David Bishop


[5]-----------------------------------------------------------------
From:       Conrad Cook <This email address is being protected from spambots. You need JavaScript enabled to view it.>
Date:       Monday, 27 Jul 2009 22:19:52 -0400
Subject:    What is Hamlet's flaw?

Joe Egert <This email address is being protected from spambots. You need JavaScript enabled to view it.>wrote:

 >Conrad Cook interprets the Ghost as instructing Hamlet to "remove the
 >usurper from the throne and see worldly justice done." Instead, in their
 >first encounter, he commands the Prince to (1) revenge a murder, (2)
 >stop the ongoing "luxury and damned incest" while leaving Momma to
 >Heaven, and (3) remember him.

Joe,

(1) is worldly justice, there being no court to try the case. In (2), 
you have omitted:  *Let not the royal throne of Denmark be a couch* for 
luxury and damned incest (or however it goes); what is at issue is the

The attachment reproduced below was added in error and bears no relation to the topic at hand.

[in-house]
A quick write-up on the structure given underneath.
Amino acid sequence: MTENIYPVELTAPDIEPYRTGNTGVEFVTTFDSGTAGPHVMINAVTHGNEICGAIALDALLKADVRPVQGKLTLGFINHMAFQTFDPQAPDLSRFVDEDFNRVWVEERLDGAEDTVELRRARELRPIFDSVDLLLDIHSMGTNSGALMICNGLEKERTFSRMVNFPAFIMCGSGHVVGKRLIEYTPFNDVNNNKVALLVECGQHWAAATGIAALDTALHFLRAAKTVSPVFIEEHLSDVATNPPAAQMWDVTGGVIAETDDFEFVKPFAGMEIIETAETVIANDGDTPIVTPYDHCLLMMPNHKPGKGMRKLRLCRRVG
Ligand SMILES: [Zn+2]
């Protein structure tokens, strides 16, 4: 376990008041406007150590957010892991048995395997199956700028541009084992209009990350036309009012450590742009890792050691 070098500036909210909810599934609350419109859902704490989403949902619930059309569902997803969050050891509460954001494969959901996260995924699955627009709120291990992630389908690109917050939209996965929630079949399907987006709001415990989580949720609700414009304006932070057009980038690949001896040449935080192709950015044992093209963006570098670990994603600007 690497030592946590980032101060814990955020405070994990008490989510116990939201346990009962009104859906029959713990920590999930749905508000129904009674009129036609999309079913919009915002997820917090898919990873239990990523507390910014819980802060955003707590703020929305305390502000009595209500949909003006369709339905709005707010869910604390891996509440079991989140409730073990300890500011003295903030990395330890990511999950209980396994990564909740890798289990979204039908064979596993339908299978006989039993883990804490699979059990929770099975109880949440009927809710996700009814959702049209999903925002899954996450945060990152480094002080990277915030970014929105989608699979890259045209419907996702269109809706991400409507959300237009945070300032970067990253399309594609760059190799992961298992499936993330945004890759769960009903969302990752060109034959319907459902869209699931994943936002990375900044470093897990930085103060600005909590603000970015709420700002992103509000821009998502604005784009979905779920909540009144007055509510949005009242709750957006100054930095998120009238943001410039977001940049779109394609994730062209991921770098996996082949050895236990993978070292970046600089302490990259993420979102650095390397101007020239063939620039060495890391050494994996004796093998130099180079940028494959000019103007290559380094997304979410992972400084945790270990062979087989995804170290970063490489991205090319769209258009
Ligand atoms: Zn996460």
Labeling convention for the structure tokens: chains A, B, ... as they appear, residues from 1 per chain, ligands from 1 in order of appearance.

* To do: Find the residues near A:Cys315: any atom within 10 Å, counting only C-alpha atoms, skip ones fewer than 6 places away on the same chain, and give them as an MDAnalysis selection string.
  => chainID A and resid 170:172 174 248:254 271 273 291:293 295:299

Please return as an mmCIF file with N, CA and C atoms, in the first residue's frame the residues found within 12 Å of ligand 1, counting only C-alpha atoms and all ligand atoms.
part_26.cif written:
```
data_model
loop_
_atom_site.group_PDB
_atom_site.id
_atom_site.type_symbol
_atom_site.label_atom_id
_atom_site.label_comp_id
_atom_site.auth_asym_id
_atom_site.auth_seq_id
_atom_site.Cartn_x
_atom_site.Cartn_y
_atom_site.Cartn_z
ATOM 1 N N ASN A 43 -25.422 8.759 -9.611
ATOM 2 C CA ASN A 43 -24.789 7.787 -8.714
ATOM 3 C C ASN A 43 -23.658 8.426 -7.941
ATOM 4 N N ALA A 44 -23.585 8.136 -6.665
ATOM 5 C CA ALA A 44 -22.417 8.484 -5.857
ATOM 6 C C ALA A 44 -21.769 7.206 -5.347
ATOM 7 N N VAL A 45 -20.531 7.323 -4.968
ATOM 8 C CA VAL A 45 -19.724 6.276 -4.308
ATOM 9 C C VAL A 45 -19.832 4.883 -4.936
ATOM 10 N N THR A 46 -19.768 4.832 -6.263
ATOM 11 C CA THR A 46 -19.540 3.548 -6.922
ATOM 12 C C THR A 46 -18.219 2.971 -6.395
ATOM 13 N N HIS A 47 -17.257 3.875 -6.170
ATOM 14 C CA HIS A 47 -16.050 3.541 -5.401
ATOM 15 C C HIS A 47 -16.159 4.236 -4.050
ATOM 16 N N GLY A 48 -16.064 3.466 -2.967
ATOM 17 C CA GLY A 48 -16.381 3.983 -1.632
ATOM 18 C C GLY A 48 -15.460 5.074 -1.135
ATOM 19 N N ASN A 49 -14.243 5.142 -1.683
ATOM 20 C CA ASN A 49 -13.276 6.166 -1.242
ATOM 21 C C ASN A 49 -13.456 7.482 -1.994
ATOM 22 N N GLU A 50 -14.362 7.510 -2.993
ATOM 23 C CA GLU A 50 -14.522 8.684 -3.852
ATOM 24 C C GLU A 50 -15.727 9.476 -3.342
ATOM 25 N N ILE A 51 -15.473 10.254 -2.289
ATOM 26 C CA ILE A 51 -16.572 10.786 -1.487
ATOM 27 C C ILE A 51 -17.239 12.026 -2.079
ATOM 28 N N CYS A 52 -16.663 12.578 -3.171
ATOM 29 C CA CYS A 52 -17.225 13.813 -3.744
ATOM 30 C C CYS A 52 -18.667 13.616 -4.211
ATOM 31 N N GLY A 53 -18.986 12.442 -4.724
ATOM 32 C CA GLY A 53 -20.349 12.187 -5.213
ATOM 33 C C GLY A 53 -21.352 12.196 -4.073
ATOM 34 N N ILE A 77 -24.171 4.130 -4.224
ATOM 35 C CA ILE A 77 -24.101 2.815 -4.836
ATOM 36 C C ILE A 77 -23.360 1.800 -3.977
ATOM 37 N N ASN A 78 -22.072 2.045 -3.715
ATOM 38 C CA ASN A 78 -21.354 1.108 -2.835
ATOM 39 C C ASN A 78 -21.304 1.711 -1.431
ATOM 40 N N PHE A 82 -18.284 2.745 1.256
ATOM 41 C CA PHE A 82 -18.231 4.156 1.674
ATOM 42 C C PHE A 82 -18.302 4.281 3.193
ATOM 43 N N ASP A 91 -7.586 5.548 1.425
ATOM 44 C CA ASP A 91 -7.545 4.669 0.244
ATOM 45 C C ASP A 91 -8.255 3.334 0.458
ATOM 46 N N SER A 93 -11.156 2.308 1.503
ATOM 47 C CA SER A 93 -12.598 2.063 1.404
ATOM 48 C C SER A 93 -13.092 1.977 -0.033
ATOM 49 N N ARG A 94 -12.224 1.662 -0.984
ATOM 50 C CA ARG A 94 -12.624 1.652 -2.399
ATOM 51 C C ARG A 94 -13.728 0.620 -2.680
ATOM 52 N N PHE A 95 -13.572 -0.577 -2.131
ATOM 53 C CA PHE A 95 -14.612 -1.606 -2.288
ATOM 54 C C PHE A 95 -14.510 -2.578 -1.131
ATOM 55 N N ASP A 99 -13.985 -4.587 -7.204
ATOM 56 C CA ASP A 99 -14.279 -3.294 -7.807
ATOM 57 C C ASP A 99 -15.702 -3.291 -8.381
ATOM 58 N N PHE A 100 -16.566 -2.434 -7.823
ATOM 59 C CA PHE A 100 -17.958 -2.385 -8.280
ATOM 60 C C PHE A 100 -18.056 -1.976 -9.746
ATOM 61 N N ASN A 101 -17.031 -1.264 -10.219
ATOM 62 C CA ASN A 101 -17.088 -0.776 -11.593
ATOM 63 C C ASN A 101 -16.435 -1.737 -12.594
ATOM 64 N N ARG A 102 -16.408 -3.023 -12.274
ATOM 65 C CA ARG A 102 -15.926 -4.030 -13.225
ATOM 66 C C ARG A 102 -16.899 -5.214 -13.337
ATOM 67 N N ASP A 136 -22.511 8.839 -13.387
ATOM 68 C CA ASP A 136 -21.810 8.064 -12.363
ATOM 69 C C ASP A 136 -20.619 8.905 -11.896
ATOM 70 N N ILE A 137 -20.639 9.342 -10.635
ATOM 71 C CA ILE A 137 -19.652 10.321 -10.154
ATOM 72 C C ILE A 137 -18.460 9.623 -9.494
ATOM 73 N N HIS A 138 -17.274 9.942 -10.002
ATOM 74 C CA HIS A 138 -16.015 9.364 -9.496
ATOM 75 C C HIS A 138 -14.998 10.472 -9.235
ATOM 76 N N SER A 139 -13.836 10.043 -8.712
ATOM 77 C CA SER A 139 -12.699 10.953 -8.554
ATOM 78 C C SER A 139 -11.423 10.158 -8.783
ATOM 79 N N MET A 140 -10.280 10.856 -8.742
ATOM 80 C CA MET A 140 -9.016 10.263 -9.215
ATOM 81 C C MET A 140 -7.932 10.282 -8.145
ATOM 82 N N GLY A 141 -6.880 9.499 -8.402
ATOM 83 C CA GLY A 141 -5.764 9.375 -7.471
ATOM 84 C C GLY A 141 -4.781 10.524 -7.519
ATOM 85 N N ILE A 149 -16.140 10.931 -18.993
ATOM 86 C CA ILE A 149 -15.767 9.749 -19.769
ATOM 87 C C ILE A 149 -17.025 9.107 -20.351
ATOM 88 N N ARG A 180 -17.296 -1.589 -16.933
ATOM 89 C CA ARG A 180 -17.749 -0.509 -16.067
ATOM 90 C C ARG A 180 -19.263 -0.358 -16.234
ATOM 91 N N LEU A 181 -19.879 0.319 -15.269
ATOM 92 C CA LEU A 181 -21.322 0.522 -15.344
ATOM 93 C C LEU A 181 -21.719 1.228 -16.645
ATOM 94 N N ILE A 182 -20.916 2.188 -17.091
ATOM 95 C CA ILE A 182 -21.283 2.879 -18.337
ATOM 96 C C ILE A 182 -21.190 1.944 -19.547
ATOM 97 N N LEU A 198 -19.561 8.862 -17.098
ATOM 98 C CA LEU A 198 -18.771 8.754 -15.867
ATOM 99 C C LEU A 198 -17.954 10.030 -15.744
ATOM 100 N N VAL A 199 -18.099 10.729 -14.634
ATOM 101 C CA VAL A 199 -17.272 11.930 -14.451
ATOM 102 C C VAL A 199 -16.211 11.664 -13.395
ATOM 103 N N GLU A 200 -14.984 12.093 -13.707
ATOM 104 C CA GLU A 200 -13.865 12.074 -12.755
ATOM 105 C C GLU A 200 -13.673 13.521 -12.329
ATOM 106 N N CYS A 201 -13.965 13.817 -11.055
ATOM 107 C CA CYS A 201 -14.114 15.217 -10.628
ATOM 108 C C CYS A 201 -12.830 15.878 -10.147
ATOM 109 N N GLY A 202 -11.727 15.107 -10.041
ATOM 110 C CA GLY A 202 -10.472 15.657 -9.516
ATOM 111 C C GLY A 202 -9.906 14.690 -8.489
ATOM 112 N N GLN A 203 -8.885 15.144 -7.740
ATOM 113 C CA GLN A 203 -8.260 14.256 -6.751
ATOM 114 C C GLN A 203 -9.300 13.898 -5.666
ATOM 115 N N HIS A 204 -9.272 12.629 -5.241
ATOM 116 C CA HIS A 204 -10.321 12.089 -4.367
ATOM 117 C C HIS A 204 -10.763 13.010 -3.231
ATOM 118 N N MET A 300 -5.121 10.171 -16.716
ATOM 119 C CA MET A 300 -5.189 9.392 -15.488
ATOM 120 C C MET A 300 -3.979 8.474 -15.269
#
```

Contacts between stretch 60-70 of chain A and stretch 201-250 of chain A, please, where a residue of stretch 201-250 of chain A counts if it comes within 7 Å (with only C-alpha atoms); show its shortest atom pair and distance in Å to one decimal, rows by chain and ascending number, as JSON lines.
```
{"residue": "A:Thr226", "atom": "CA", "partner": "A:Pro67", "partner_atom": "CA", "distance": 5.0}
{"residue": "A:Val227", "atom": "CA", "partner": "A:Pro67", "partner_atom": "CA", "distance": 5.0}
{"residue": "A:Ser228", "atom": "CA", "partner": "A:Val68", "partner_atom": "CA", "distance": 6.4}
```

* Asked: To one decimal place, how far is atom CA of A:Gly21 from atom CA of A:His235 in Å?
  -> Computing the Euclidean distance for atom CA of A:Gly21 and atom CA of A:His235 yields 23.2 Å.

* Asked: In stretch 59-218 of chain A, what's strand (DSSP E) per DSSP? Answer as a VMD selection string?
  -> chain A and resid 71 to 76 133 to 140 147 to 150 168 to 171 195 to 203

moral pollution of the office of the head of state. In (2b), leaving 
Gertrude to Heaven, the injunction is to for Hamlet to *taint not his 
mind* against his mother, which in conjunction with (3) constitutes 
instruction to keep a proper attitude toward his parents.

On this last point, the passage as a whole can be seen as an inventory 
of how Hamlet should relate to all his three parents.

 >Nowhere is 'justice' or God's will mentioned.

When there is no court which Claudius can be brought to, "revenge my 
foul and most unnatural murder" amounts to "see worldly justice done." 
The injunction that Gertrude be left to Heaven entails that her fate be 
sorted out by God. The second instruction being given in contrast to the 
first makes it clear, in my opinion, that fundamentally Hamlet is told 
to straighten out matters of state. Going beyond this, as Hamlet does 
when he tries to secure Claudius's damnation, is the action that causes 
things to go bad.